Letters to the Editor - July 15, 2013

  • Written by Readers

Hired by Northshore School District 18 years ago as a teacher for the PACE program, I was given freedom to create a unique program making effective use of parent volunteers and offering a challenging and engaging curriculum.

This program offered parents a different choice from what was available in the neighborhood classrooms.  The chance to innovate and create individualized alternative curriculum is one of the reasons that brought me to Northshore.

The main reason I am leaving teaching now is increasing restrictions Northshore’s top administrators have set on which subjects can realistically be taught in the classroom and the increasing limitations on how the required curriculum is taught.   

This year, because of my innovative curriculum, I was one of seven teachers in Washington state honored with the KCTS Golden Apple Award. In reference to the award, KCTS’ website states that my students experienced “an enriched math curriculum that lays a solid foundation for future math learning.”    

How ironic that the same year I was honored for creating and teaching an innovative math program, parents of my students learned that their children were not going to be allowed to experience that program. I based the math program (that came to be called “Bob’s Math”) on the standards of the National Council of Teachers of Mathematics.    

My classes have consistently showed better scores than the Northshore District average on the WASL and MSP. My students have had the chance to explore math concepts more deeply and at a higher level.  

Upon entering junior high, a high percentage of my students have qualified for honors and double honors math classes.  

For years, this has attracted parents to our choice program creating high demand and wait lists for the program. After years of praise for the alternative curriculum created for my PACE classes, I was ordered to stop teaching “Bob’s Math” in January of 2012.  

The Golden Apple Award statement also praised the program I created for its project-based learning. It said, “Bob engages his students with multi-level projects such as Liquid Toxic Goop and Voyage of Discovery that combine math, science, social studies, art and writing. In Bob’s class, students write book reports, original stories, and poetry.” There simply isn’t time to include these projects in the school year if not given flexibility in how to use adopted texts.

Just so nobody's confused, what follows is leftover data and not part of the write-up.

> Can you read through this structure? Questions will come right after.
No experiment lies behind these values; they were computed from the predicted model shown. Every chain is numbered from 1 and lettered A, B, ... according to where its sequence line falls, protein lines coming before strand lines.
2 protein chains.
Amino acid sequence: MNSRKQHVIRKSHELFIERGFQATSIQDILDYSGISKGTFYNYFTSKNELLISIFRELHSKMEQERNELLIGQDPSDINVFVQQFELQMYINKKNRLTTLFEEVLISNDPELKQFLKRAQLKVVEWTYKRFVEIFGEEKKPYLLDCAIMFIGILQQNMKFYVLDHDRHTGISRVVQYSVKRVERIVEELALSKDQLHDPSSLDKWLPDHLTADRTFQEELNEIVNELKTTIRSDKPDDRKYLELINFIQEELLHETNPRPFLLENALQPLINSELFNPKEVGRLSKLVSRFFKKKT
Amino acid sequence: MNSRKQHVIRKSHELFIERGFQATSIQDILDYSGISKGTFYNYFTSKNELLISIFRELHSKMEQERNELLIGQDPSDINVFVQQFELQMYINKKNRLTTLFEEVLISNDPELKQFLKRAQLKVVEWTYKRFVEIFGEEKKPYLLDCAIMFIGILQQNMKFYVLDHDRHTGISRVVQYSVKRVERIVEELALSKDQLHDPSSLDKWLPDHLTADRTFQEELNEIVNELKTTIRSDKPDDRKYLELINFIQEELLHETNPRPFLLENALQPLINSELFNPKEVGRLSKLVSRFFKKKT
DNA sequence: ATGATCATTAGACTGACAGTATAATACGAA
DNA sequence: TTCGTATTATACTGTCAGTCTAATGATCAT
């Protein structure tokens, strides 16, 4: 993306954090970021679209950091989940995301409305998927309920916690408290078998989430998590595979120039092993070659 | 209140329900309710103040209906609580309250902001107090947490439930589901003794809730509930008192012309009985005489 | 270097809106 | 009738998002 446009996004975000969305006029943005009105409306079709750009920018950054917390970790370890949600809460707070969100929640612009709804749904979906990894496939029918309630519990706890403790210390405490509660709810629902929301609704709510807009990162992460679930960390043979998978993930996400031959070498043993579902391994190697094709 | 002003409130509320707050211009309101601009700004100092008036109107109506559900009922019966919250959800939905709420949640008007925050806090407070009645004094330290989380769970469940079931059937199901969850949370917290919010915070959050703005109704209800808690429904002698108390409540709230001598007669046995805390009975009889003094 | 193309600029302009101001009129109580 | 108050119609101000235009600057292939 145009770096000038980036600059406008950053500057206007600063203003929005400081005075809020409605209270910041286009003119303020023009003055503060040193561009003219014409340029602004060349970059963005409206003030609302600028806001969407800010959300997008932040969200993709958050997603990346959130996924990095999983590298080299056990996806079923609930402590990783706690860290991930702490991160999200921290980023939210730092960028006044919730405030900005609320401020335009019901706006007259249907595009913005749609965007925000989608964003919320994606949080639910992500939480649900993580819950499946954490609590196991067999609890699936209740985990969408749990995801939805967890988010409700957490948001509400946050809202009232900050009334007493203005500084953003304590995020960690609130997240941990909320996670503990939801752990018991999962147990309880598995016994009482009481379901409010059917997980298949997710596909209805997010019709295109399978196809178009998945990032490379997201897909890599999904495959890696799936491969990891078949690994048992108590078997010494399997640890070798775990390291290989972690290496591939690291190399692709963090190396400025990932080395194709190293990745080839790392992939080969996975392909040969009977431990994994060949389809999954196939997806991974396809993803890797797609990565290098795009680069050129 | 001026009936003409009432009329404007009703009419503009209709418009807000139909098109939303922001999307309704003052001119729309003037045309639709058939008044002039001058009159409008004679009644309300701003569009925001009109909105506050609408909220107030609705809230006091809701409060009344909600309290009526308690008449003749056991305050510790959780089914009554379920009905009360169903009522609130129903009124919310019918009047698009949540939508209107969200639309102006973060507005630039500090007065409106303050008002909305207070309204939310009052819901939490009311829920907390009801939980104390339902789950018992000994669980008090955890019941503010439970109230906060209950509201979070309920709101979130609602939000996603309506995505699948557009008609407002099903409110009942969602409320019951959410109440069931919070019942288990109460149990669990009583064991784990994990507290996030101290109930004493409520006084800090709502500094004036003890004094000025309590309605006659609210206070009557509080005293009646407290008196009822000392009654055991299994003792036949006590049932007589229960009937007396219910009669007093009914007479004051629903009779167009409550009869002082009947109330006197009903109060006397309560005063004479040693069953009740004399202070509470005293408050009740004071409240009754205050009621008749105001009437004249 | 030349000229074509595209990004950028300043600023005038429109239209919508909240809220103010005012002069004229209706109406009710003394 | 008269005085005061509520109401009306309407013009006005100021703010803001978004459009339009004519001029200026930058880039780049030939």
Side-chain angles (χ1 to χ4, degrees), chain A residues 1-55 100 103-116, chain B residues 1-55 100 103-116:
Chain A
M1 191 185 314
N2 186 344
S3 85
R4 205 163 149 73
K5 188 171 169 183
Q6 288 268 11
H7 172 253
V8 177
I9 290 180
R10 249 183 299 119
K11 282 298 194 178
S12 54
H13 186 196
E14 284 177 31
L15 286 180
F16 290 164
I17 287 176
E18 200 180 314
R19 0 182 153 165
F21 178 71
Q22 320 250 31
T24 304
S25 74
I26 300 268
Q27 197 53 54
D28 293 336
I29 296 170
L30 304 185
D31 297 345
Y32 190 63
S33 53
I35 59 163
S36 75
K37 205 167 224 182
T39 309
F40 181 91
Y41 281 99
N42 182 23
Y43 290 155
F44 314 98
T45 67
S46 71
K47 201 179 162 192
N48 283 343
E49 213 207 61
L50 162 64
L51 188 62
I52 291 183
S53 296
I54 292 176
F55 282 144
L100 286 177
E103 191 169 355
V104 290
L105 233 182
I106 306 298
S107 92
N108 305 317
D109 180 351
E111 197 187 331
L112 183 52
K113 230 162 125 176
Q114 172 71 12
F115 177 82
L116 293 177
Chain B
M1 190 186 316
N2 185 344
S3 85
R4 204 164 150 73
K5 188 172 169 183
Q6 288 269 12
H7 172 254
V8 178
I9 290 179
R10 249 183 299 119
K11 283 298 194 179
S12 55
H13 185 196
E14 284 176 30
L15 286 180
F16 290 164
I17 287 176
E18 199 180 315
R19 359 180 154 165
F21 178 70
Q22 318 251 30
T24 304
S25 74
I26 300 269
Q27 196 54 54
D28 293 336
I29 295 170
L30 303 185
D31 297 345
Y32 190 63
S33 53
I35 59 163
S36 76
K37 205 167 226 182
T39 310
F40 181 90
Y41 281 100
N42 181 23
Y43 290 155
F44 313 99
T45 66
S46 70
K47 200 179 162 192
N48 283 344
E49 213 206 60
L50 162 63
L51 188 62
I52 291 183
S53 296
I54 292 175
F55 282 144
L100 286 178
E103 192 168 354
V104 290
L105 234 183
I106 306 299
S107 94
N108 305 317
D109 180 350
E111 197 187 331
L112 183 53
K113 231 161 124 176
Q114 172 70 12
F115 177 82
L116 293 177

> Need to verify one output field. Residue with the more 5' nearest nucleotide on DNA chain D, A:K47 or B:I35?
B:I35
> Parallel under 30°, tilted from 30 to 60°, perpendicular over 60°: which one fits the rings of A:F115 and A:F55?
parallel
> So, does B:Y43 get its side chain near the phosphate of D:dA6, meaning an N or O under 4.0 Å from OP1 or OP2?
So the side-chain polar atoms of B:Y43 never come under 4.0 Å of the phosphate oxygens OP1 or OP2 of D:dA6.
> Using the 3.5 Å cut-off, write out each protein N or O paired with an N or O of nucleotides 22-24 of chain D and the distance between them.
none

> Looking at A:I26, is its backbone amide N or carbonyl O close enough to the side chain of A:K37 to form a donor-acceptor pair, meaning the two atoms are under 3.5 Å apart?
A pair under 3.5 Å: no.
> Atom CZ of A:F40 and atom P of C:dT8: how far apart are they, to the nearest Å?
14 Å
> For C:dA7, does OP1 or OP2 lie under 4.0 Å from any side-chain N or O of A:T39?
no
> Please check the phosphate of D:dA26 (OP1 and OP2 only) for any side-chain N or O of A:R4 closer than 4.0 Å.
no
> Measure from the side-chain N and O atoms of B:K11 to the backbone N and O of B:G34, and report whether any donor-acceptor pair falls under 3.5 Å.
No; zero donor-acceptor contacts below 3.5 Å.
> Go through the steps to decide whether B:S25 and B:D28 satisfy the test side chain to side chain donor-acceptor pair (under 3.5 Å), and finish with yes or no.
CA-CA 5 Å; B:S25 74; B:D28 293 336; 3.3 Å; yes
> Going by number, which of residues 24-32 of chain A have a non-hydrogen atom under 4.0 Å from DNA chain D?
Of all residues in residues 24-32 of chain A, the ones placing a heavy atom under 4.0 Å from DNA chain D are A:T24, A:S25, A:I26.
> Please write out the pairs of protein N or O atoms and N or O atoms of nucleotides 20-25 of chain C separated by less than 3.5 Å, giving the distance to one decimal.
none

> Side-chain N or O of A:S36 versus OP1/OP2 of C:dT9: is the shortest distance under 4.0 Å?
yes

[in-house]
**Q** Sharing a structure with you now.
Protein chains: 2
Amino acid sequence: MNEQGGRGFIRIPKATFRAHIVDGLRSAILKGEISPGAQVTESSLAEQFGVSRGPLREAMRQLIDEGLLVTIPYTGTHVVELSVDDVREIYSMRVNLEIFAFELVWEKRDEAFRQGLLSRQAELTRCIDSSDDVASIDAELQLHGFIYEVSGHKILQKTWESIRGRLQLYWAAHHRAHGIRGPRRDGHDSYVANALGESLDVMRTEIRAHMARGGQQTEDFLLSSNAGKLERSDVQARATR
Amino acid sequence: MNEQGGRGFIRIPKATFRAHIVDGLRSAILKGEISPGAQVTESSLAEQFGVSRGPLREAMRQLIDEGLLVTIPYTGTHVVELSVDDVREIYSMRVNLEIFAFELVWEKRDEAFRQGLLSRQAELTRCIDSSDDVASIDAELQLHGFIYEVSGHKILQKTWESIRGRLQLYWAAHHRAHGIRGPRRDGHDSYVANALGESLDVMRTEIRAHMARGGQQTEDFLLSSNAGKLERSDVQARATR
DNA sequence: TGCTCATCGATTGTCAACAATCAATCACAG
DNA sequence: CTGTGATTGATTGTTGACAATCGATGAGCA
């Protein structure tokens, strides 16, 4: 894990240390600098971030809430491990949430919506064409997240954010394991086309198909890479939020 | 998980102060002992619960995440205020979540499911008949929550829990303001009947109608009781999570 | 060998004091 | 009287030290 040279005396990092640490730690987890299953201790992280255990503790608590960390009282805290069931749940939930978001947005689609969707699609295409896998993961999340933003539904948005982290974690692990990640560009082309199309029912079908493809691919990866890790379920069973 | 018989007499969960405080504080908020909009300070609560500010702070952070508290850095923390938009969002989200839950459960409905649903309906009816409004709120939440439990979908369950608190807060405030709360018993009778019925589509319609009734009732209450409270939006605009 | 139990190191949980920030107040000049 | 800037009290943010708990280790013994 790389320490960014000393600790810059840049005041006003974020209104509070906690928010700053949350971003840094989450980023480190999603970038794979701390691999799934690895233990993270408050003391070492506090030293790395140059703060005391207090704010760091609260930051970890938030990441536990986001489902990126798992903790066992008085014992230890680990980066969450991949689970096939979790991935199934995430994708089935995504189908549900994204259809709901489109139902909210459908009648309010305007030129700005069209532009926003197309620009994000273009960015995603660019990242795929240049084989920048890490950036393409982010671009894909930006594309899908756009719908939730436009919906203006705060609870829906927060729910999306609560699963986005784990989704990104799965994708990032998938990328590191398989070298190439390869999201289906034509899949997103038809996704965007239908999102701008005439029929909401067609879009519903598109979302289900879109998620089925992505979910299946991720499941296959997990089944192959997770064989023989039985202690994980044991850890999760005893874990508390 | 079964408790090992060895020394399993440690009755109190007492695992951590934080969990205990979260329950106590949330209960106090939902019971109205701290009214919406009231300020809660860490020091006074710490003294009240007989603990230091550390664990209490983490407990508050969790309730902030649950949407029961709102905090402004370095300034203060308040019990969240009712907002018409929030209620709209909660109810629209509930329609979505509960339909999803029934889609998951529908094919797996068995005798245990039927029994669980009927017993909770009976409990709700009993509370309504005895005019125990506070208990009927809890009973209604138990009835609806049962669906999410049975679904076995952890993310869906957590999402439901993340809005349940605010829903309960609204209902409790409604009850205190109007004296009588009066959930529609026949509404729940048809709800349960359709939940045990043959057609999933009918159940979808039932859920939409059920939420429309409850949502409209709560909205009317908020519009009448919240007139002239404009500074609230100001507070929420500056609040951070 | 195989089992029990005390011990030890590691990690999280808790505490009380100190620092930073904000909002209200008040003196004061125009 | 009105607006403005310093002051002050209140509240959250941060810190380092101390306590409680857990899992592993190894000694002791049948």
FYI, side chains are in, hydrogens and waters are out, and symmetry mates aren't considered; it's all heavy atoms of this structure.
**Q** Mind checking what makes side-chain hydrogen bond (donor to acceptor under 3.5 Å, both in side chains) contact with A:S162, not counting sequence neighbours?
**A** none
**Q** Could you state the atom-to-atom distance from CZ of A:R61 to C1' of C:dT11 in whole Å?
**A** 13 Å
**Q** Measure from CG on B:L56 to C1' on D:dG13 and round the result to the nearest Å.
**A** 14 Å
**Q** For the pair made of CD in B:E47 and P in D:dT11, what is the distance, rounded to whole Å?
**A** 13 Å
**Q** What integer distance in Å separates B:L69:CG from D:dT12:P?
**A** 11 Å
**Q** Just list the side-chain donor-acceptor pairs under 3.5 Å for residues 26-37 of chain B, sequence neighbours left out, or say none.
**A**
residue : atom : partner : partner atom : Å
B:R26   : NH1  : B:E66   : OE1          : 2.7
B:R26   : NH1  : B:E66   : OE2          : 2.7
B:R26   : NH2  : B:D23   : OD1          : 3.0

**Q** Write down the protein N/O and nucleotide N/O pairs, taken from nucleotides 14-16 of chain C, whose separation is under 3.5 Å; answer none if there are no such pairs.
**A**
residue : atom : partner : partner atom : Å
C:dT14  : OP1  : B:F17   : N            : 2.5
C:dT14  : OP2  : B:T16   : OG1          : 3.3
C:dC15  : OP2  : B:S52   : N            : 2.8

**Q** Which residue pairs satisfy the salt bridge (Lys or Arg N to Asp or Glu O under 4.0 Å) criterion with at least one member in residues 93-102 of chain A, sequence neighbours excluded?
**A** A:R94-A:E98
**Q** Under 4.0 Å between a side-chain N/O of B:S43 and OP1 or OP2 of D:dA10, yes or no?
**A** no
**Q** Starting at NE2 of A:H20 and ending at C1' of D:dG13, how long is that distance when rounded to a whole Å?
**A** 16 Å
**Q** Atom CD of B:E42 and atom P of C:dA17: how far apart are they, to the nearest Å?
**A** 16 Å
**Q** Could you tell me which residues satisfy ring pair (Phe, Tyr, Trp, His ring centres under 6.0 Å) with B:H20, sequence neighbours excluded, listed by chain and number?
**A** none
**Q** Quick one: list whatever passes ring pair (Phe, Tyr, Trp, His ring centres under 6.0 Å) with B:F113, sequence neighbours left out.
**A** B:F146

If a teacher follows the District’s guidelines, he or she gives up too much autonomy.  If a teacher follows the District’s guidelines, many subjects are left out because of time constraints ...

This year, in a meeting with parents, administrative staff stated this emphasis on uniformity/losing autonomy is a “challenge to work through” and that it is “scary” to teachers. Saying so is demeaning and angering. I feel more disrespected than challenged. I am more frustrated than scared.  What is a “challenge” and is “scary” is that parents and teachers are just leaving rather than speaking out.  Teachers are leaving without expressing their feelings for fear of retribution from their employer and lack of possibility to teach as substitute teachers.

Parents are dissatisfied and discussing the creation of charter schools, or leaving to attend private schools — all detracting from the potential future success of Northshore Schools.

Politicians, pundits and the public currently bemoan the state of our educational institutions, but district administrators do not allow teachers enough freedom from the Holt Math, Benchmark Reading and Benchmark Writing pacing guides to adequately adapt to individual student’s needs and expand to challenge all.

Additionally the way that Northshore has gone about introducing its most recent curriculum adaptations resulted in unwise loss of teacher autonomy. The constant drumbeat in teacher training sessions is “Fidelity to the Publisher or Curriculum.”

The Northshore Education Association is right when they say that “Northshore’s emphasis on teaching exactly alike without deviating from a set technique or time frame is displacing the qualities that have made Northshore great:  amazing teachers who are encouraged to use their professional judgment and creative talents. We want to make our classrooms exciting for students academically, and to teach life skills, help student find their interests, and realize their full potential.”

I am saddened that the District is seemingly following some educators regarding how the Common Core State Standards are viewed. When the CCSS were first proposed, many educators spoke out about concerns that the end result would be an unfortunate dumbing down of the curriculum.